The Guardian warned that if Africa dares to proceed on “new exploration for gas, and the exploitation of Africa’s vast reserves of oil,” the entire climate scheme might collapse.

 Africa must not advance past unreliable “sun and wind,” the head of the green “Power Shift Africa” thinktank, Mohamad Adow insists! Africa Coal Network coordinator Lorraine Chiponda denounced African leaders discussing such an idea as “reckless,” even as she admitted that 600 million people in Africa “live in energy poverty.” That is, they have no access to electricity.

 The British Royal Family is on the case. On July 6, a fellow at Chatham House/Royal Institute of International Relations issued a so-called “expert opinion,” warning that this year’s UN COP27 summit being hosted by Egypt, an African nation, is a problem. Egypt has not set any quantifiable emission reduction targets, has no economy-wide carbon reduction target, and never published a long-term strategy for decarbonization. It is also the second-largest producer of natural gas in Africa, and is becoming a fossil gas hub for the Eastern Mediterranean, it notes. Furthermore, Egypt has “voiced support for other African countries to extract and deploy fossil gas and oil resources, making it one of the protagonists of the ‘great fossil gas pushback’. These advocates defend the right of developing countries to deploy fossil gas as a ‘transition fuel’ and champion its necessity to solve energy poverty,” the author complained.

 With typical imperial arrogance, however, the author assures that Egypt will be “malleable,” if attention is paid to change its stance.


“Government Endangers Germany As a Business Location!”

“Government Endangers Germany As a Business Location!”

Aug. 15, 2022 (EIRNS)–Germany’s MDR (Mitteldeutscher Rundfunk) TV/Radio station reports that an “incendiary letter to Chancellor Scholz” has been issued in which predominantly eastern German medium-sized companies call for a rethink on the Russia sanctions. They see the economy is at great risk.

“Mr. Scholz, stop and make a policy that we can live with and not sink.” With this urgent appeal, medium-sized companies belonging to the Zentralkonsum eG association call on the German government to “readjust the embargo policy against Russia.” The association is the umbrella organization of the East German consumer cooperatives, whose member companies employ nearly 6,300 people, according to their own figures.

In an interview with MDR, Martin Bergner, spokesman for the association’s board stated: “Stopping all gas deliveries and putting the German economy in front of price increases at which no one can produce at a profit anymore, that won’t work.”  Sufficient gas must be imported to keep the economy running, he said. He added, existing nuclear and coal-fired power plants must also guarantee security of supply.

A bakery chain, Landbäckerei Stendal, reports that they have already been told that they would have to pay four times as much for electricity and six times as much for gas. Added to this would be the increase in the minimum wage from October, and the gas levy, i.e. the additional costs that every consumer would have to pay if, instead of cheap Russian gas, a more expensive one had to be purchased, for example from the U.S.A.

The increased costs have to be added to the products, which in turn fuels inflation, whether in retail, hotels, restaurants, or industry. This is by no means about diminished profits, he says: “We are really in the red,” says Andreas Bosse, the managing director of Landbäckerei Stendal, and expects his family business to lose as much as 300,000 euros already this year.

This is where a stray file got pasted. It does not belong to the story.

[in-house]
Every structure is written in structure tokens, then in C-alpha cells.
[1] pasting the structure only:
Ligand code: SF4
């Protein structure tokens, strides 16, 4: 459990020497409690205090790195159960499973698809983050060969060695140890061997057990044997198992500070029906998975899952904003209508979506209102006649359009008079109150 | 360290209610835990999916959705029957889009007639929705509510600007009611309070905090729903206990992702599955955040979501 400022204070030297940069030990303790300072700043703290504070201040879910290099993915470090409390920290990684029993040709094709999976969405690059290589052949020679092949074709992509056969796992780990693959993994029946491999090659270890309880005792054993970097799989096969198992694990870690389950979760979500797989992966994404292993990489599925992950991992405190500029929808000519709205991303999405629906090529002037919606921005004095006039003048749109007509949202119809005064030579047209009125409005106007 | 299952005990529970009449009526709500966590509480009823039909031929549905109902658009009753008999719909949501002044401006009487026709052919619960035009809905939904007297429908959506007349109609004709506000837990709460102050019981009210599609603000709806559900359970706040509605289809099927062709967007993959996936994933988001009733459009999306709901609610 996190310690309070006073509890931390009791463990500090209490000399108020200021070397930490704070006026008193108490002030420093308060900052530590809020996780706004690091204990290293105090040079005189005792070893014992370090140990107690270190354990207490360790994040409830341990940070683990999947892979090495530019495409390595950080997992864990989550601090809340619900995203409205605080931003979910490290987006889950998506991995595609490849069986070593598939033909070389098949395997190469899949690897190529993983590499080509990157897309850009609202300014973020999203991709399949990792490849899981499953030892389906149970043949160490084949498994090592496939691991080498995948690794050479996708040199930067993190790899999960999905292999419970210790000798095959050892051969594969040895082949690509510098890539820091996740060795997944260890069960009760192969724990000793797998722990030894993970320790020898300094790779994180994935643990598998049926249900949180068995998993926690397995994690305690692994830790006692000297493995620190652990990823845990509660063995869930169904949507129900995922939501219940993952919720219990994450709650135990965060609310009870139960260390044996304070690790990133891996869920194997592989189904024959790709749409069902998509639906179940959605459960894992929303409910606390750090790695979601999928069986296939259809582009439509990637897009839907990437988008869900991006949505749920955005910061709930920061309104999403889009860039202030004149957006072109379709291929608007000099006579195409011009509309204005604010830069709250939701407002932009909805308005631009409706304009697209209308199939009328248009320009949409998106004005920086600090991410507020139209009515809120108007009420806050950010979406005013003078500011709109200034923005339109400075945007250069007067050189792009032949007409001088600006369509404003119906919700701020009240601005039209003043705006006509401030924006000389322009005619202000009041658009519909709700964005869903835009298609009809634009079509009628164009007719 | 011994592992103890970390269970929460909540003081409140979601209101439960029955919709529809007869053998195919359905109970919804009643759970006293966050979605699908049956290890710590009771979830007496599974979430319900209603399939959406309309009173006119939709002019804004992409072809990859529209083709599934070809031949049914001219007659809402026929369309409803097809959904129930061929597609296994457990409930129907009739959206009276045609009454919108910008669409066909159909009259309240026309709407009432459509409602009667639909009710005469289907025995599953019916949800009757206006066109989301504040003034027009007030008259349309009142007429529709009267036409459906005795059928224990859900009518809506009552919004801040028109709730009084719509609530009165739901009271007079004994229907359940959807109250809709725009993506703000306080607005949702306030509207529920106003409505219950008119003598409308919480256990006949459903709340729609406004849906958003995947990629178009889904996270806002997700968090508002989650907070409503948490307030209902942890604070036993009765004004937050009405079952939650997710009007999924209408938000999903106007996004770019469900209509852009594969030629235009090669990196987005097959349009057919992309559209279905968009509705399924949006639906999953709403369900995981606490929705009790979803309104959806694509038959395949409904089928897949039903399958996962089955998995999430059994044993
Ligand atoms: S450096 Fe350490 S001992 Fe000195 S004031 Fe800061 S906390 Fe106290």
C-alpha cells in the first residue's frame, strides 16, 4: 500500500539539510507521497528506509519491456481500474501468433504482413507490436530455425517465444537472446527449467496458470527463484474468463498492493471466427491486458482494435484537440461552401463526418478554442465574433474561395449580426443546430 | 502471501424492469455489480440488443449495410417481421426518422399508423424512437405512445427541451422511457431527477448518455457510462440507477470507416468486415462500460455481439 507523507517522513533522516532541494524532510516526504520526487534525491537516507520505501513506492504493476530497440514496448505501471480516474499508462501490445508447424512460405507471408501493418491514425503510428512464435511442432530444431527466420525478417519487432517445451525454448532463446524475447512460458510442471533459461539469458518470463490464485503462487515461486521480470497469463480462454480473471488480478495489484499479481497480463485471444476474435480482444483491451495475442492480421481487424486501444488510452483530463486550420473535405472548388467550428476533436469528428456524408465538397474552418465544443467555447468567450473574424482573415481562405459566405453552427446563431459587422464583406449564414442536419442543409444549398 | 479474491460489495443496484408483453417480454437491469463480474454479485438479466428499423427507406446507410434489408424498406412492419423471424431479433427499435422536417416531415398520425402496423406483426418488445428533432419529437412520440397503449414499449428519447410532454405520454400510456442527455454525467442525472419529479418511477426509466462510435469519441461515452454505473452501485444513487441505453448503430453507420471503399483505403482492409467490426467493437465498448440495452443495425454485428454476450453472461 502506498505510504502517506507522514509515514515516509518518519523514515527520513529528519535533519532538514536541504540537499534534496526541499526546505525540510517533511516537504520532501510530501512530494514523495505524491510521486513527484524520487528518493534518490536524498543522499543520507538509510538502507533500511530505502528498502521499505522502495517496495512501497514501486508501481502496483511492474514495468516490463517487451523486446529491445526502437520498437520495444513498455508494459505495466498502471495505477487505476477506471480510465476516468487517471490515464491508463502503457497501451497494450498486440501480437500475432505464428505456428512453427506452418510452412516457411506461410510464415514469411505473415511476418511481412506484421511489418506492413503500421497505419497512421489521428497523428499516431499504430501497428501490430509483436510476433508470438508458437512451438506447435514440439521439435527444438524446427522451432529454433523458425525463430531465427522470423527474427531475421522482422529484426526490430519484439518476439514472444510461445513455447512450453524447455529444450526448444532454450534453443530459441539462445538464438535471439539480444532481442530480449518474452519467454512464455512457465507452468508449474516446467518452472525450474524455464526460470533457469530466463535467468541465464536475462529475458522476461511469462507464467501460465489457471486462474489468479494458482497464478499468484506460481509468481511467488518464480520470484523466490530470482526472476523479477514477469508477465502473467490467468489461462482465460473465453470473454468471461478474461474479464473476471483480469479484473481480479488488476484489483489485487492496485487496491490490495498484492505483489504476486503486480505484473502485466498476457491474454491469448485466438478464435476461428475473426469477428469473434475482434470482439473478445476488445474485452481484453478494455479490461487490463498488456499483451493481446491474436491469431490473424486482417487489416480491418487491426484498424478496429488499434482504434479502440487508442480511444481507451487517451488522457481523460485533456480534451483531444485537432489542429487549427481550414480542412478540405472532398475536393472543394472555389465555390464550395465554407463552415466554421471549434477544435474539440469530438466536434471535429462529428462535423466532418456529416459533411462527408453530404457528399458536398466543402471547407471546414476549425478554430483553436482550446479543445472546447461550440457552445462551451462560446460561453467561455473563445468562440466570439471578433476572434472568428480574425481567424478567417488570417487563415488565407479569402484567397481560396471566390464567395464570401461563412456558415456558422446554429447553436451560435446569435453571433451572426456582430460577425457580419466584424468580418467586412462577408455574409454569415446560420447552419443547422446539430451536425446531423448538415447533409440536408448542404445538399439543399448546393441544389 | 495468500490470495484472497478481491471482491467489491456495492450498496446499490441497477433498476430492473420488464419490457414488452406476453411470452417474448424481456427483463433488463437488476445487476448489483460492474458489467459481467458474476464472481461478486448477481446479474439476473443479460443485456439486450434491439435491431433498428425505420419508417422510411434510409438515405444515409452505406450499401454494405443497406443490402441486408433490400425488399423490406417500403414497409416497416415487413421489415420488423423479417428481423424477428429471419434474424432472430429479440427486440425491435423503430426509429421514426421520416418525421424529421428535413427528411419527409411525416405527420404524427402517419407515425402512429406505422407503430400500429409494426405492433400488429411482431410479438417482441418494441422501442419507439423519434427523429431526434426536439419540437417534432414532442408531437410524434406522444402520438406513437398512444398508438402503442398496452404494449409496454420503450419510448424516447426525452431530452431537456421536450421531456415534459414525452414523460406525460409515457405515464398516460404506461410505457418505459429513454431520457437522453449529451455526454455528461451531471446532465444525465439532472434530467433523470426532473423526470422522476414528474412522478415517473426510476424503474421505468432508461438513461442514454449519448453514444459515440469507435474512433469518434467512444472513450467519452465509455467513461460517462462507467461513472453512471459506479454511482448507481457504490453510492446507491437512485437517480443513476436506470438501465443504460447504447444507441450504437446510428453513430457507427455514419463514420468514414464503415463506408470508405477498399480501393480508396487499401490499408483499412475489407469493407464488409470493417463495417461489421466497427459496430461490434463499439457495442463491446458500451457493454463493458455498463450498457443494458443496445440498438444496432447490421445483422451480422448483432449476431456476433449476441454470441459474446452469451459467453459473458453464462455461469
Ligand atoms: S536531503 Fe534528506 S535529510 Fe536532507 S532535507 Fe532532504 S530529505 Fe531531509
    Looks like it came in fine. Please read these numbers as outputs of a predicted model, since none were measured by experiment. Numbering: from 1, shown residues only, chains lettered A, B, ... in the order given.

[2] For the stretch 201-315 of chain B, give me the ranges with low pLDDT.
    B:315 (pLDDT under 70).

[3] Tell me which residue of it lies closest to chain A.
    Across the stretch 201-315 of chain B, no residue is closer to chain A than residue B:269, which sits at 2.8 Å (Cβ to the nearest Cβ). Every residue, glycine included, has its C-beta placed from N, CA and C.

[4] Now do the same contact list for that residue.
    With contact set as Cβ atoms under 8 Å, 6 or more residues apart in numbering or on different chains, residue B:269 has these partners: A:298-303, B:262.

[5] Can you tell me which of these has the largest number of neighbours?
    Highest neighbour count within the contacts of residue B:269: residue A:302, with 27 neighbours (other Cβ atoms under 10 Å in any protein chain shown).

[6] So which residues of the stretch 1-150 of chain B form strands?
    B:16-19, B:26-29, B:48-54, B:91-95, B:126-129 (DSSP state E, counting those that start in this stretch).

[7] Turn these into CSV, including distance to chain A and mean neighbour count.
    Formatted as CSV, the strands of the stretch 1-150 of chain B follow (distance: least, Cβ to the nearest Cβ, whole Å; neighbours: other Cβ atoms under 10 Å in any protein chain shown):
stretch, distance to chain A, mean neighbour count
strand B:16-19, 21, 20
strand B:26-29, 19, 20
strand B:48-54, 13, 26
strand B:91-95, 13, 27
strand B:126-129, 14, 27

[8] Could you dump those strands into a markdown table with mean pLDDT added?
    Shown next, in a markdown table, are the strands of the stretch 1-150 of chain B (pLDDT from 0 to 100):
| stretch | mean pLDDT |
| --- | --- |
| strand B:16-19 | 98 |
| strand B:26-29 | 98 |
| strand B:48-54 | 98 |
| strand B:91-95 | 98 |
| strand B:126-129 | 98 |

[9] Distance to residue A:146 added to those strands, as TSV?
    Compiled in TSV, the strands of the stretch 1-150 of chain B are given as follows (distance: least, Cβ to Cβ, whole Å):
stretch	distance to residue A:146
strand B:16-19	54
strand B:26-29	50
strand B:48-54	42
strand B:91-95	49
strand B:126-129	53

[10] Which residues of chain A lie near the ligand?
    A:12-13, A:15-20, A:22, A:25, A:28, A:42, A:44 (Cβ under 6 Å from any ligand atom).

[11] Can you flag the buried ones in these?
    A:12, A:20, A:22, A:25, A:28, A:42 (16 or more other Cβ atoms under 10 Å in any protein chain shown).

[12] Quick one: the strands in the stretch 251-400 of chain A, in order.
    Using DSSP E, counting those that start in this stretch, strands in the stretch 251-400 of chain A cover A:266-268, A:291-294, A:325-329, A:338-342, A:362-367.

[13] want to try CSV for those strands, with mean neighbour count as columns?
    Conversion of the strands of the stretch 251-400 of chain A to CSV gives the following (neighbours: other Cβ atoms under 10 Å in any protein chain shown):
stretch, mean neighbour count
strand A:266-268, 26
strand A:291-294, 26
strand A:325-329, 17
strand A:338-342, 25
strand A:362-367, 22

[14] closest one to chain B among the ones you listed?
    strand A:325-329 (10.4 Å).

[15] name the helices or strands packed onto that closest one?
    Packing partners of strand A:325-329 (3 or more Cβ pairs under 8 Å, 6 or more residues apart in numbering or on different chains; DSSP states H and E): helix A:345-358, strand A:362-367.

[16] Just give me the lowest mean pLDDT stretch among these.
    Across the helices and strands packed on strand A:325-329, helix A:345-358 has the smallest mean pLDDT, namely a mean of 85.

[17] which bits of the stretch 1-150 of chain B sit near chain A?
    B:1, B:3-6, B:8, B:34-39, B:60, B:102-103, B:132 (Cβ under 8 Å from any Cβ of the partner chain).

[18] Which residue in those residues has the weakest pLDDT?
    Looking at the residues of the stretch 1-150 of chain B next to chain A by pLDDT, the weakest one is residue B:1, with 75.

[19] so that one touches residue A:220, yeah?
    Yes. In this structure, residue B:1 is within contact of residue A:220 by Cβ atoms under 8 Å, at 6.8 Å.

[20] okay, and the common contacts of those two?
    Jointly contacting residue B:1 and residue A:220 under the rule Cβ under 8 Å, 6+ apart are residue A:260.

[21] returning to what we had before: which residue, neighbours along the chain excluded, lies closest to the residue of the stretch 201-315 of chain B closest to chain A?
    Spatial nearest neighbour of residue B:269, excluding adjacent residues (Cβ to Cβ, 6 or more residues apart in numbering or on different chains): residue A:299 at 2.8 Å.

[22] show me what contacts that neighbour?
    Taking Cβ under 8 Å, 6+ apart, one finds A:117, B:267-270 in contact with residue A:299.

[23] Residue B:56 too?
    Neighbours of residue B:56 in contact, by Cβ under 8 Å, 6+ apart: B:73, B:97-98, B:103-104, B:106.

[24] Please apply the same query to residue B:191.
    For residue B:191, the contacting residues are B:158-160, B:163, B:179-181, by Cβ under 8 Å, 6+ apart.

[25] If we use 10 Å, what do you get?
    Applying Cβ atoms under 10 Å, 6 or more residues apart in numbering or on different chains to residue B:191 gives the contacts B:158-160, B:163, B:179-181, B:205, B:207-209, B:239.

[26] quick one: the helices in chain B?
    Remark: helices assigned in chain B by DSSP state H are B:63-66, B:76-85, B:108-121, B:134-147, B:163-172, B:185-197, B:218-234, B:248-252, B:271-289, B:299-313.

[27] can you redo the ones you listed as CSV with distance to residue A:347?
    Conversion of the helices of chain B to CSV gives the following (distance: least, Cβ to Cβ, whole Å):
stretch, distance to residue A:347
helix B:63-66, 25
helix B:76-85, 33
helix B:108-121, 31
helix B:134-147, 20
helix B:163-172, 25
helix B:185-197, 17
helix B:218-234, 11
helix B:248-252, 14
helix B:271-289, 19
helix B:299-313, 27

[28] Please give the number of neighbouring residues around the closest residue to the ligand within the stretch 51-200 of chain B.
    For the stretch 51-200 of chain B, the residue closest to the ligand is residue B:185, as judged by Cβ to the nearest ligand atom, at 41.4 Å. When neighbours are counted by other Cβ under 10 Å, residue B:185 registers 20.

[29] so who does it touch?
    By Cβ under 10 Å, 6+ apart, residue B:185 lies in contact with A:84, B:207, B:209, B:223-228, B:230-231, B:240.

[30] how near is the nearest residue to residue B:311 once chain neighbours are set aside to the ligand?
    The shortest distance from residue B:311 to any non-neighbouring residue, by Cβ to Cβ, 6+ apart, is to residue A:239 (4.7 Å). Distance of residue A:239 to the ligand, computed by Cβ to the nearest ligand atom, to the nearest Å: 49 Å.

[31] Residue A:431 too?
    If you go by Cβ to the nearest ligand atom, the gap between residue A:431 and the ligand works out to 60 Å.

“It undermines the existence of the companies with damage that cannot be made good,” write the authors of the appeal to Scholz: “The government wants to promote regional products and organic products. But exactly these products are the first thing buyers do without in order to save money,” adds Martin Bergner. He adds that the Chancellor himself once was active at the Central Association of German Consumer Cooperatives. He should therefore know exactly what the situation is like for cooperatively organized businesses. The signatories of the open letter, which charge the government with “being ideologically stuck,” also include prominent restaurants like Berghotel Oberhof and Dorotheenhof Weimar.


Rhine Valley Railway Tunnel Would Be Cheaper Than Previously Believed

Rhine Valley Railway Tunnel Would Be Cheaper Than Previously Believed

Aug. 15, 2022 (EIRNS)–The official feasibility study for building a railway tunnel along the Rhine Valley between Bonn and Wiesbaden, concluded that it would be cheaper to build than it had been believed in the past. The 118 kilometer tunnel dedicated to freight traffic would enable freight trains to avoid the narrow part of the Rhine valley where the infrastructure is in many places over 150 years old and creates unacceptable noise pollution for the communities along the valley. The route is one of the most important and heavily utilized railway routes in Europe and connects the ports of Rotterdam and Antwerp with the Italian port of Genoa. The project has been featured in both EIR and the EIR Eurasian landbridge reports. The study, commissioned for the German States of Rhineland Palatinate and Hesse found that the project would cost 6.8 billion euros, rather than the 8 to 10 billion euros of previous estimates.

In an interview in Germany’s SWR TV on August 12 Federal Transport Minister Volker Wissing (FDP) said the report was a “Thumbs up” for the states of Hesse and Rhineland-Palatinate, and said: “It’s very gratifying that we have positive news from this feasibility study. Now the question is: How is the benefit-cost ratio to be assessed? And for that we need the traffic forecast for 2040. That’s the next step. But the first signal for the region is: thumbs up!”